Now, in 2021, beginning in July, New South Wales Property and Housing Minister Melinda Pavey announced that the radioactive material will be excavated and and be shipped to Idaho ,USA. The contaminated soil is to be sealed in bags, loaded into shipping containers and taken to a secure facility in the Eastern Sydney suburb of Matraville before shipping them overseas in scheduled consignments. ANSTO would oversee the process with up to 1800 tonnes to be transported to Idaho in an18-month-long mission.
The radioactive waste problem of formerly Lucas Heights has a more recent history, with the original HIFAR nuclear research reactor starting operations in 1958. Lucas Heights was then a remote bushland site well outside the suburban area of Sydney. Nuclear development was meshed in secrecy, and controlled by influential experts Philip Baxter, and Ernest Titterton., without much understanding by the parliament or the public. It was the time of British atomic weapons tests in Australia, and heightened fears about the cold war. Little attention was paid to the subject of radioactive wastes.
In later years, as Sydney grew, Lucas Heights did become more of a suburb. And the Three Mile Island 1979 and Chernobyl 1986 nuclear accidents aroused a general awareness of nuclear risks. Radioactive wastes from Fisherman’s Bend in Victoria was brought to Lucas Heights in 1990. By now, public concern was raised. When Lucas Heights agreed to take the waste from St Mary’s Defence Base NSW (1991) the Sutherland Shire Council won a court case against ANSTO to stop Lucas Heights taking waste from other entities.
In 1992, local residents voted to rename the suburb of Lucas Heights, and in 1996 it officially became Barden Ridge. It is widely accepted that this was done to increase the real estate value of the area, as it would no longer be instantly associated with the HIFAR nuclear reactor.
Barden Ridge has a conservative community, historically voting Liberal, that accepts the reality of ANSTO and the now Opal nuclear reactor, with the jobs that come with it. Still, the presence of nuclear wastes is an issue. The Sutherland Shire Council in 2013 said that they liked having the nuclear reactor, but not the radioactive wastes. Local people and Council were relieved to learn, in 1997, of the federal government’s plan to set up a waste facility in another State. Sutherland Shire Council rejoiced in 2014, when the federal government announced plans for a nuclear waste facility in the Northern Territory.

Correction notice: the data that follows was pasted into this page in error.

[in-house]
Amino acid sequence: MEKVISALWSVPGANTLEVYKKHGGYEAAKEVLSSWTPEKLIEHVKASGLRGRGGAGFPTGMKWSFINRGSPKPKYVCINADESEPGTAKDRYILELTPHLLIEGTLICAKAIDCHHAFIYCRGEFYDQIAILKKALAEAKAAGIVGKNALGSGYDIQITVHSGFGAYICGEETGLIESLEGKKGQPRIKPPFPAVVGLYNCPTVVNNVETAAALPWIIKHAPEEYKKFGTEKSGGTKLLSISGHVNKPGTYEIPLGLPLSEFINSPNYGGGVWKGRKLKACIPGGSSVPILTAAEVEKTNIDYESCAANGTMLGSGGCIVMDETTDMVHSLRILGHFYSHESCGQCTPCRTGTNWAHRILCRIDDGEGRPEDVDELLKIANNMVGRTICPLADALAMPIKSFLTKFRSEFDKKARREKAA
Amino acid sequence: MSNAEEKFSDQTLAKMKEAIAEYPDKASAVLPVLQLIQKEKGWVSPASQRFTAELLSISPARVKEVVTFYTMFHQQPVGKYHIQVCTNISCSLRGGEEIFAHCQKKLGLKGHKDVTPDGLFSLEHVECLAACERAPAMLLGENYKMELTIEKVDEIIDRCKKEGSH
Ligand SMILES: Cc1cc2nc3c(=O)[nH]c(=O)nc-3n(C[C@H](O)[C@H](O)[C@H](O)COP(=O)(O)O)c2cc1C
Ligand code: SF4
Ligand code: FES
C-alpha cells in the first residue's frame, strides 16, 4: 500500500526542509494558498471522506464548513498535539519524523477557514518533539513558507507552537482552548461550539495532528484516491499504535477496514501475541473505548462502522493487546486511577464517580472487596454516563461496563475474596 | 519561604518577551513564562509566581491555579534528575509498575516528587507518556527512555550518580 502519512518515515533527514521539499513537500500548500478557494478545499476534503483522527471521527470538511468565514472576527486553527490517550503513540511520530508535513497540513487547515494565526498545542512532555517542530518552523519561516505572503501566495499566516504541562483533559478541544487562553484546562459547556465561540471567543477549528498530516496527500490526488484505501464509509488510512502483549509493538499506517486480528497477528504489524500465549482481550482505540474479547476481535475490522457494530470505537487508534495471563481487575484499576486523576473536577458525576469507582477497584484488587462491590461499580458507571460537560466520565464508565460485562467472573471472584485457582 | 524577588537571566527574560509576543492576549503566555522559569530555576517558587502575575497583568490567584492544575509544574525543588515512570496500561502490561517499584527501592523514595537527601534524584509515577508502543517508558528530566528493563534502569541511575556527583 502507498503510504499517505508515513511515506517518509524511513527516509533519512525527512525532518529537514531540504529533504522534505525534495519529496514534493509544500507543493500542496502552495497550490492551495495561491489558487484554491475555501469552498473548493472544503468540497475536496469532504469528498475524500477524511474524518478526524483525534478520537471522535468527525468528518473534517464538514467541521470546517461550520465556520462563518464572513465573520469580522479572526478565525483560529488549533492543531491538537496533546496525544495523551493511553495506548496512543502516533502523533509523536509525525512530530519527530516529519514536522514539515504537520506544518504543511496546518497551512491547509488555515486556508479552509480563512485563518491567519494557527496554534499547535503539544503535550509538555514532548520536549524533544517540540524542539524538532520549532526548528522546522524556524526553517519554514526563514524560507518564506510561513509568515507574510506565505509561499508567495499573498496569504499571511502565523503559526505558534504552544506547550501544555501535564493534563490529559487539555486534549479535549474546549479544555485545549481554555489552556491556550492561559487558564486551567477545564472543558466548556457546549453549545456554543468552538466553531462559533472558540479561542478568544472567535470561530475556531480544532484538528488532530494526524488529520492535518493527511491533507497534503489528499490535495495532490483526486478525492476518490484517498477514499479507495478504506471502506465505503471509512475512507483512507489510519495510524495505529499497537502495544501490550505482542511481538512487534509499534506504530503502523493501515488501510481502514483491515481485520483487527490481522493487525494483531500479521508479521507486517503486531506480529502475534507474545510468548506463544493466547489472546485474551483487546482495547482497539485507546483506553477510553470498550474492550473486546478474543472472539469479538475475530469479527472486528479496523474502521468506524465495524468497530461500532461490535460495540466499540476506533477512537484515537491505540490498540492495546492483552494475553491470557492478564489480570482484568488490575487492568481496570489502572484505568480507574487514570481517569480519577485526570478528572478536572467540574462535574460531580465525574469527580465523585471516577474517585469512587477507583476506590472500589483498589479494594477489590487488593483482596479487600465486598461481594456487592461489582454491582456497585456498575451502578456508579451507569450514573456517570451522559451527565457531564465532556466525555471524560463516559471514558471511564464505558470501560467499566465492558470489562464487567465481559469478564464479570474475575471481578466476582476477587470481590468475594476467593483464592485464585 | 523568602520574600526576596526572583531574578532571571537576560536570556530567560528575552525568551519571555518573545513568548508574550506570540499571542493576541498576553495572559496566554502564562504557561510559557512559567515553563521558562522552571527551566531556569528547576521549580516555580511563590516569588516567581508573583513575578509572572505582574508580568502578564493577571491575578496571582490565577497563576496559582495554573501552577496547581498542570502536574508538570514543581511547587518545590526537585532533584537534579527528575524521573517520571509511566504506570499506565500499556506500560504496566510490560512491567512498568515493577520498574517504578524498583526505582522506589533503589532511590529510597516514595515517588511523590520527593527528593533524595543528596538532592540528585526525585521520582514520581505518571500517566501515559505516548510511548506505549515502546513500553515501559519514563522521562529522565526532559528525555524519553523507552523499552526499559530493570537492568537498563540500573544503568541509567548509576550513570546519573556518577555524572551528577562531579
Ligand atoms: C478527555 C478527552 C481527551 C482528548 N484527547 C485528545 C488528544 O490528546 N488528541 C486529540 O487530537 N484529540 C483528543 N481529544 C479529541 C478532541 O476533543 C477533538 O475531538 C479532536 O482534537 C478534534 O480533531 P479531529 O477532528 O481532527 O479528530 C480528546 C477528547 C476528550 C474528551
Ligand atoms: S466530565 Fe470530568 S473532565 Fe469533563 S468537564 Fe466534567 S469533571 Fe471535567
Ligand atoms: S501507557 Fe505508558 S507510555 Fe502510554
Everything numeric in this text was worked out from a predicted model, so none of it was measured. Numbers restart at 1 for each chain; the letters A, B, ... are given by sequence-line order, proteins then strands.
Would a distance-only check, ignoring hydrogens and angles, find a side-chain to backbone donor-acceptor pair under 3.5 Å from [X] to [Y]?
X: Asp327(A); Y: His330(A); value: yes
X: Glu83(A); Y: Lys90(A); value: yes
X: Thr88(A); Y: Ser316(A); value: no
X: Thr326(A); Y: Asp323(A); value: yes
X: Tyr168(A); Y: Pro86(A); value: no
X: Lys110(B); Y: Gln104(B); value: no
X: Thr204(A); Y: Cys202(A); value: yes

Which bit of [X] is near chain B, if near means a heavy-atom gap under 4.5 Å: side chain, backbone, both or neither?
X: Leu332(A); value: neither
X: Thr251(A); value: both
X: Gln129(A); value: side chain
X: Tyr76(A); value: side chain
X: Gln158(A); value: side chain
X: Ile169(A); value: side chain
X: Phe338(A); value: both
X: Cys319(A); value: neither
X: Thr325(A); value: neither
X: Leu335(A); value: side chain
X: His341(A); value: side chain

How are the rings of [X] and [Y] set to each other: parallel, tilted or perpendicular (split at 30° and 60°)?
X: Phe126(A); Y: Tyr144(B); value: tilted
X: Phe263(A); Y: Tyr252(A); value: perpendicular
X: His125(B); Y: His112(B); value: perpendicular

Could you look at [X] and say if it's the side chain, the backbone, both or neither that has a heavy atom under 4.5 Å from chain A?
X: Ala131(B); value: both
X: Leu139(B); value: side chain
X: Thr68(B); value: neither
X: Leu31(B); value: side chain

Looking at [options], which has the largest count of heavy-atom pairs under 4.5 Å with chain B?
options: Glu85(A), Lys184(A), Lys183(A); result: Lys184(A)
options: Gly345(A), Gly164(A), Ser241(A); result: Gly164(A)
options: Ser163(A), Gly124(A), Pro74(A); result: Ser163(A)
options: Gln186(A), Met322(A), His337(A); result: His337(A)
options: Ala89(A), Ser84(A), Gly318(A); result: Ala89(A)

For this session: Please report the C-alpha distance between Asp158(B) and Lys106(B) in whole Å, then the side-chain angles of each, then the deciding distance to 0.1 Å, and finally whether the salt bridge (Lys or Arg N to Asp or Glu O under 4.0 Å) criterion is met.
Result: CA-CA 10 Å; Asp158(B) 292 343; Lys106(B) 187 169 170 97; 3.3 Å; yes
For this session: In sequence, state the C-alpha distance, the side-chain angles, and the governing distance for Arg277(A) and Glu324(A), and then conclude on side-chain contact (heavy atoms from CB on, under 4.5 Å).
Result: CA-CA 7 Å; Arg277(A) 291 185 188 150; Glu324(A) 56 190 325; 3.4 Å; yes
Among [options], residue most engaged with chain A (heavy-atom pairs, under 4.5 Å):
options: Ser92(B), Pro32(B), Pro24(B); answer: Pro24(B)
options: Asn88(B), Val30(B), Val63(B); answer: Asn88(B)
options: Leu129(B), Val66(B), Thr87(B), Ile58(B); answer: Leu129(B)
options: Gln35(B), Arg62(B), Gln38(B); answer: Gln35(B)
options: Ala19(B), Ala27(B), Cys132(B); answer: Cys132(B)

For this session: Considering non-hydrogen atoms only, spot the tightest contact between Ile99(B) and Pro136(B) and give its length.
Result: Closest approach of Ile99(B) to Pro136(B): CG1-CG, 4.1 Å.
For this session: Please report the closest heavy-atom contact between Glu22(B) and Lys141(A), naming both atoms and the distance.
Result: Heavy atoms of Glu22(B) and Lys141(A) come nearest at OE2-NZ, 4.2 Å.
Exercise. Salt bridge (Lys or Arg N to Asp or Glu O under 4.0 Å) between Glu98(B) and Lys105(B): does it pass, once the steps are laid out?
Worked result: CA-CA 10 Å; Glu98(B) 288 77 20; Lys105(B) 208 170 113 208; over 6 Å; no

Which brings us to the Australian Government’s Bill about radioactive waste, now before the Australian Senate, the National Radioactive Waste Management Amendment (Site Specification, Community Fund and Other Measures) Bill 2020. This Bill specifies Napandee, a farm near Kimba, South Australia, as the nation’s nuclear waste dump. Resources Minister Keith Pitt has recently announced more grants to the local community .Yet there is significant local opposition to the plan, from Aborigines and farmers. If this Bill is passed, there can be no judicial review of the decision. So, Barden Ridge residents will get their solution. Or maybe not.
The Hunters Hill solution is an unusual one, and quite a precedent. There could still be some opposition to the planned process. The Barden Ridge one is also fraught with problems, as nuclear waste will continue to be produced by the nearby nuclear reactor. The Senate might not pass this Bill, leaving the Resources Minister with the option of declaring the Napandee site, which would then open the matter up for court action.
It’s again ‘wait and see’ time for two worried communities.